When you launch Photoshop Touch you get two options, viewing the tutorials or doing some work.

There are 10 tutorials that you can work through each of them is project based so you learn the program by learning a technique not by learning how individual tools work. These are text and image tutorials and not video ones, but they are interactive so you can learn as you go.

The second option is Begin a Project which is where I’ll start. You get the choice of adding an image from your iPad, the Adobe Creative Cloud, the Camera, Google or Facebook. I chose Local Photos then the Photo Library and an image from my iPad.

In the main editing area you’ll find the tools on the left, layers on the right and menus across the top. The program pays lip service only to Photoshop.  Some icons are familiar but others are more iPad than Photoshop so Photoshop users may find it a bit confusing where iPad artists will find it more familiar.

You can add multiple images and multiple layers. I wanted to texture this image so I clicked the Add Layer button and selected Photo Layer.

Once you select a second photo you get to size it as you import it – you can also rotate, flip or skew it too. Click Done to proceed to the editing area.

Now, with the layer selected, you can apply adjustments to it.

I chose Curves as this was a texture and I wanted more contrast. There are no adjustment layers so the Curves adjustment is being applied just to the targeted (top) layer. As you can see, you can adjust the RGB composite channel or the individual red, green and blue channels.

With the texture layer still targeted you can apply a filter to it by clicking the FX button. There is a range of filters including Basic, Stylize, Artistic and Photo. Some add things like drop shadows, blurs and glows and others are more artistic.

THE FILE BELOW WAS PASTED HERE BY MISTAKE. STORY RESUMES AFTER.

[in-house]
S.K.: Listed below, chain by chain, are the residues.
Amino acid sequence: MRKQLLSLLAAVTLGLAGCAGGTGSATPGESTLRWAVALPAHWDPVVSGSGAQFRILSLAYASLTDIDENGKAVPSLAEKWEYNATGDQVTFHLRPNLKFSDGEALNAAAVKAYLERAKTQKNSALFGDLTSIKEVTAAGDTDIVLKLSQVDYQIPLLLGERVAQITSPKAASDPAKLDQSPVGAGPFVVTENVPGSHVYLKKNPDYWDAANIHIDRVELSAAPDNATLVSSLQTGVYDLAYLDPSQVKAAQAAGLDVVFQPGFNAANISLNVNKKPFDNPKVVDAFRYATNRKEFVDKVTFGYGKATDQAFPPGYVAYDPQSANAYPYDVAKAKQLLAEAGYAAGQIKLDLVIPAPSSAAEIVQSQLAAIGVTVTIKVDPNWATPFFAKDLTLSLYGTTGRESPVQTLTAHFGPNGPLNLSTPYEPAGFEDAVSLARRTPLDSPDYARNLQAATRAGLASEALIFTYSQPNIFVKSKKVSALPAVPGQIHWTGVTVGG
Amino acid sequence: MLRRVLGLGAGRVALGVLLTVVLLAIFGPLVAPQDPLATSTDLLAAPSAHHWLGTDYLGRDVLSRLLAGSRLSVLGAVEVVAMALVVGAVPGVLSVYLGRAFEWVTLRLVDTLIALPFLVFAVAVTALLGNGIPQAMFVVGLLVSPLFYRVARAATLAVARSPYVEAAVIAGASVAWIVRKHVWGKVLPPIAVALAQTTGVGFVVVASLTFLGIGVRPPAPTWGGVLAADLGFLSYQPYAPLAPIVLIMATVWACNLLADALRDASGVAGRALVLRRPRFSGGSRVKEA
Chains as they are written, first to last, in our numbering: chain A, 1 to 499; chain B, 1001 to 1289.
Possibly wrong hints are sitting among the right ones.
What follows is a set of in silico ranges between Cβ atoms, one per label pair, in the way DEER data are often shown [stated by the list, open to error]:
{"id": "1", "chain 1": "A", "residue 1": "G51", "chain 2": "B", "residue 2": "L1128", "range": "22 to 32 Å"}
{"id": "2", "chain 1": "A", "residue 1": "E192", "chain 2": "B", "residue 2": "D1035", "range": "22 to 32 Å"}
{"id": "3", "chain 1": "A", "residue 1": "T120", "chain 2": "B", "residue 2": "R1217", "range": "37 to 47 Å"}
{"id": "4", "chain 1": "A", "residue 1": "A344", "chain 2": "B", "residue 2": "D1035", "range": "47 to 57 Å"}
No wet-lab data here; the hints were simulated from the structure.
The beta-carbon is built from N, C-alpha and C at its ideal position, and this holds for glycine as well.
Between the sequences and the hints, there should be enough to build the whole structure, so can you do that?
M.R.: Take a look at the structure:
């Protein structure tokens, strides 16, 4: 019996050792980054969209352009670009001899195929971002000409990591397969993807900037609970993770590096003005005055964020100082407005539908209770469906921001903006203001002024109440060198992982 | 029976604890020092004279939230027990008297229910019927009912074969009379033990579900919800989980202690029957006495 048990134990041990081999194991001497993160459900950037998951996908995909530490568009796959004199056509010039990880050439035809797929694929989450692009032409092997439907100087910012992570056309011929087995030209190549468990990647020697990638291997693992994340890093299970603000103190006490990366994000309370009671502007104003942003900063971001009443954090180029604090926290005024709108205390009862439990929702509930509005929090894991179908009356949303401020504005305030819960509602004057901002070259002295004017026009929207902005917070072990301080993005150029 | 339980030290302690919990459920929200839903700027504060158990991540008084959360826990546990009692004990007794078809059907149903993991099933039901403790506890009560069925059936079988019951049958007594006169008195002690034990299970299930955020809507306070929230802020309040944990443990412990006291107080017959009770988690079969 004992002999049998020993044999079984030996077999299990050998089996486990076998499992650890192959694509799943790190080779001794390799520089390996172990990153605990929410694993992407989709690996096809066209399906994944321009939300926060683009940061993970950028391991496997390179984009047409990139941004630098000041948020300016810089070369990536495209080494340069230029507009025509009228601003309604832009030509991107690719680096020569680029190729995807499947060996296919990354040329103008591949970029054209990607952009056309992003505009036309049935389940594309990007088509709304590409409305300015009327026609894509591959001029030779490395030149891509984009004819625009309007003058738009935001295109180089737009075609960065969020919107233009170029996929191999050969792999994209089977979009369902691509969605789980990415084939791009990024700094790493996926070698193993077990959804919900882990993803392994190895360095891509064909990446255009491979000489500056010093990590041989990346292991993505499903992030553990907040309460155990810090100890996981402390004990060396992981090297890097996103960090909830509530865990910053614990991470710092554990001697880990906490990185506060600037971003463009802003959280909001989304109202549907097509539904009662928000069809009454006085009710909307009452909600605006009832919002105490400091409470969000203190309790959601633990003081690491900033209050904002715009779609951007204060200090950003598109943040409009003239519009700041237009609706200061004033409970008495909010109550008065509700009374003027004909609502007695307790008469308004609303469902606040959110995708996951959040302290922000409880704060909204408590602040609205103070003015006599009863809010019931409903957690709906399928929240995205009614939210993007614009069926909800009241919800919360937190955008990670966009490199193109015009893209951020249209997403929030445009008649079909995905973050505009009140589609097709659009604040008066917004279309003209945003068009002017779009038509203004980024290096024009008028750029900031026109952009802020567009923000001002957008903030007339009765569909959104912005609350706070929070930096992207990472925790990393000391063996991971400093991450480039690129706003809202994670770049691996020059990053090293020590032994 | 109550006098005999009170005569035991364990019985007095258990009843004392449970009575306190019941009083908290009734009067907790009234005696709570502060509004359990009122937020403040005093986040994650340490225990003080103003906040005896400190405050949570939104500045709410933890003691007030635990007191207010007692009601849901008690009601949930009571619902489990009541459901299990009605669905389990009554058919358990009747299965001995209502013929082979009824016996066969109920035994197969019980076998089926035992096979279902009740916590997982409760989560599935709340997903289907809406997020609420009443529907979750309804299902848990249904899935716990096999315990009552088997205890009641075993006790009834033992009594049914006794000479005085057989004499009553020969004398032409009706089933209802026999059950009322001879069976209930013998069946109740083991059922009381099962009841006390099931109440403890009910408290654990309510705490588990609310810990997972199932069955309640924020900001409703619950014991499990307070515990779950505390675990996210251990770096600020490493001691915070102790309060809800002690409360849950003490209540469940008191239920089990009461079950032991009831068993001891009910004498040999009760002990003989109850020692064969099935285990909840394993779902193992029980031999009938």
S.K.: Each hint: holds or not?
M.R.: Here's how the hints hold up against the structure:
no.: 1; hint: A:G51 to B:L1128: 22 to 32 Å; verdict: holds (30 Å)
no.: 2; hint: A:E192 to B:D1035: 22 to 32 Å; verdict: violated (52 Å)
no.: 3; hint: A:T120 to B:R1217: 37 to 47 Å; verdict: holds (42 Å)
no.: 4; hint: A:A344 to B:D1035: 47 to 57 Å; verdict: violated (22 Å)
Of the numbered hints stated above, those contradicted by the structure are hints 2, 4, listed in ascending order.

I chose Stylize > Old Photo, configured the settings and tapped Apply. Unlike Photoshop where the foreground and background colors need to be selected before you run a filter, here you can select the colors to use in the filter settings – this really is a feature that Photoshop should have.

To blend the layers you click the Layer icon and you get a choice of blend modes and the chance to adjust the layer opacity.

There are no masks but you can use a gradient to fade the effect – when you do the gradient is applied to the layer and you can only undo it by tapping Undo – you can’t go back and edit it.

You can also add a new Empty Layer and fill it with a gradient.

And then blend it using a layer blend mode as I have done here.

I finished by cropping the image and then saving it.

You can then email it or send it to the Camera Roll or upload the project to the Adobe Creative Cloud so you can access them from there.

There are limits to Photoshop Touch and one is the 1600 x 1600 pixel image size limit. The text tools are rudimentary and, as a long time Photoshop user, I’d like to see editable masks and editable text. That said, for fixing photos and tinkering with creative projects this program is a welcome addition to the Adobe family.

This app will appeal to a range of users. There are plenty of basic tools that are easy to use but also some more advanced features for working with images. The Scribble Extract tool does a reasonable job of extracting a subject from a background and you can tinker with gradients and fades to get some interesting effects. You don’t need to know how to use Photoshop to use the app but your knowledge won’t go astray.

Helen Bradley